Comments09/01/2017 #21 Laura MikolaitisGreat post, @Don 🐝 Kerr! I love the fervor with which you penned it - it shines through loud and clear. I grew up in the tundra that is Northern NY, which is currently buried under almost 3 ft of snow thanks to the wonders of Lake Effect. So, I hear you. And I feel for my family who still live there. Dressing like Nanuk of the North to simply go out and get the mail is not my idea of fun. Although, I have come to tolerate the winter a bit more than I used to. Living in New England, the winter is temperamental. Like this morning with a blustery 1 degree - so cold that I can gauge the temperature of the day by the reaction of the leaves on the rhododendron bush. They are curled up so tightly this morning I know it's cold. I don't ski or snowmobile and I haven't been on a pair of ice skates in years. But, I do enjoy sliding down a hill from time to time and making the occasional snow angel to keep my spirit young.09/01/2017 #18 Don 🐝 Kerr#3 @Kevin Pashuk As always you offer sage advice. I suspect though that deep within that raging introvert heart lies a genuine love for winter walks and photography sessions that require you to venture out onto the ice to shoot lost wedding roses. Or did I just dream that last bit?09/01/2017 #15 Don 🐝 Kerr#8 @Dean Owen My dear friend Bob Cook moved to Hong Kong from Toronto/Boston/Calgary. All are known 'hot(?)' spots for winter fun. Curiously, he has not returned to enjoy the white stuff. Guessing your experience is similar Dean and can't blame you. I can envy you but I can't blame.09/01/2017 #11 Tony BrandstetterI live in a cold weather area, when I was younger it was fun, now that I am into my 57th year of this I have to admit, it not too fun anymore but I know it is necessary. It starts in fall, when all the trees go dormant, at this time of year I would not want to live any other place, it is breath taking. I have experienced this for 57 years an I still find it spectacular. Then winter comes, shorter days, cold nights, it seems to last forever. When the first bud of spring announces itself, everything comes alive and with such vengeance, the smells, the sights, the sounds, wonderful, all of it. Spring and summer doesn't last long, it seems not as long as winter but we enjoy, embrace, love every single day, winter helps us to enjoy when it's nice.... and savor every moment09/01/2017 #10 Todd JonesOk... this is gonna be unpleasant. I don't know why I'm compelled to share this, but if you have a weak stomach, stop reading here...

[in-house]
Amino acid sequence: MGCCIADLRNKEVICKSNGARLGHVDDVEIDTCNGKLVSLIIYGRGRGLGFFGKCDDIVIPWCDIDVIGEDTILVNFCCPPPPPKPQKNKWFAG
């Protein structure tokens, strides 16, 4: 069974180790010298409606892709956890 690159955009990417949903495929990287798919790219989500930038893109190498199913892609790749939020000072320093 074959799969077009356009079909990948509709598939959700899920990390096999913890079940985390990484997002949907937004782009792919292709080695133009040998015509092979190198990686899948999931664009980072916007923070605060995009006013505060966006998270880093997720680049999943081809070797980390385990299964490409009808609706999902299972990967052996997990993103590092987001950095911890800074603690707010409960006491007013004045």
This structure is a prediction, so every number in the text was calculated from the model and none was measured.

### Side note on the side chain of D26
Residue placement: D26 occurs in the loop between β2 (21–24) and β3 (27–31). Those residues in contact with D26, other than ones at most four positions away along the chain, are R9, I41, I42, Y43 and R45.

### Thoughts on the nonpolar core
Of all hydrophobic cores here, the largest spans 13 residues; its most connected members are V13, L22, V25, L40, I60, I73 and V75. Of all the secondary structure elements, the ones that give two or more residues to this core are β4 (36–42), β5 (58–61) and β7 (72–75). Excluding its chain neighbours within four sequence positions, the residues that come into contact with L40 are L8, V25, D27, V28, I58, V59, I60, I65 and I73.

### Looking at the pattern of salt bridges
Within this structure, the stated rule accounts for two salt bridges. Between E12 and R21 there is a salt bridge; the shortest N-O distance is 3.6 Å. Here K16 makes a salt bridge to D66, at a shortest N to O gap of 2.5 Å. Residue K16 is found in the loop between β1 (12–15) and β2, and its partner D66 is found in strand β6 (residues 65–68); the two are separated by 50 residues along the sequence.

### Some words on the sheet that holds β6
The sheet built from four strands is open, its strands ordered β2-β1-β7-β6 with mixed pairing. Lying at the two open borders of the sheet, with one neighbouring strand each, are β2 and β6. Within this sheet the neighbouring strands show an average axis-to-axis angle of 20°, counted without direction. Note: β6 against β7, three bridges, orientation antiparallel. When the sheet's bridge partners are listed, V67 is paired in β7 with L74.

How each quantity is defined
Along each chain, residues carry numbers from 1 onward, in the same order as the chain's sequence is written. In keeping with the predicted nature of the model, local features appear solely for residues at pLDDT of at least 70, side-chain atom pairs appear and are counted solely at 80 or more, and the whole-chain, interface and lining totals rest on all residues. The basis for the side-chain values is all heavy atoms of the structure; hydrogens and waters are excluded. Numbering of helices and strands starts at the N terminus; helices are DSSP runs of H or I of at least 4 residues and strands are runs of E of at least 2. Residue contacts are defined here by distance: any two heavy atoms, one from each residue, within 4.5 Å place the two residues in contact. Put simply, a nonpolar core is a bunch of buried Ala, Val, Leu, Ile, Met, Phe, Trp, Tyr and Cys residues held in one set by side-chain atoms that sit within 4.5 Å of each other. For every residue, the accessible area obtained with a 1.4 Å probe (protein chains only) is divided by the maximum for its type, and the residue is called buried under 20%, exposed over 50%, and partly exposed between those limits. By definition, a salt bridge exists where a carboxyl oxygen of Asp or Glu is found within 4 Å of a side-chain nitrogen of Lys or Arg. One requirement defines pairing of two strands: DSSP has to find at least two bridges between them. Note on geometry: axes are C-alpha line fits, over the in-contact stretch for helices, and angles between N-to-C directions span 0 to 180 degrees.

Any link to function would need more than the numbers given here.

Don, my least favorite winter accessory is the stalactite-like snotsicle that adorns my face from November through April. By the end of winter, it has become so long that it presents a tripping hazard.
Told ya. Shoulda stopped reading...
On a less gross side note, I have a pair of Sorrels too. Best made, most durable boot ever. Mine are over 20 years old and still in great shape.
Your kid with glasses looks like he is flipping winter the bird. My seasonal sentiment exactly.09/01/2017 #5 Wayne Yoshida#3 @Kevin Pashuk said it - My first job after college was in Newington, Conn. USA. One of my friends said that, too. Hans (from Germany) told me, in his stern accent, "There is no such thing as bad weather. Only bad dress."
He taught me how to cross country ski and how to drive on snow and ice (although one does not really drive on ice) - using his car, not mine. He was a great friend.09/01/2017 #4 Wayne YoshidaToque? Checking Google. Oh. A "ski hat." Living Southern California USA, some of these words are not in my vocabulary.
Much nice to have to go to the snow when we **want to** rather than it coming to you, @Don 🐝 Kerr View moreToque? Checking Google. Oh. A "ski hat." Living Southern California USA, some of these words are not in my vocabulary.
Much nice to have to go to the snow when we **want to** rather than it coming to you, @Don 🐝 Kerr !
However, I lived in snow country for an entire winter season. I went through three sets of tire chains, my car (1987 RX-7) was buried in a snow bank for two months, I went through 4 pairs of gloves (not mittens) and I had to buy a bunch of winter clothes (including long underwear) that I now take out once a year, if that, when I go skiing.
But it was worth it. I was a ski lift operator at Mammoth Mountain! Free skiing and boarding and lessons for an entire season!
On the winter boots - I still have a great pair of Sorels.
Best part about any type of boot? Taking them off! (No, not "Take Off, eh!" as Bob and Doug would say.)
Stay warm my friend. You can always come out here for a vacation. Close
- 08/01/2017Hi guys,
new pos up today on my blog. Make sure to check it out and leave some feedback!!
thanksThe Gospel according to Joyy : What's in my bag?joyyoge.blogspot.co.uk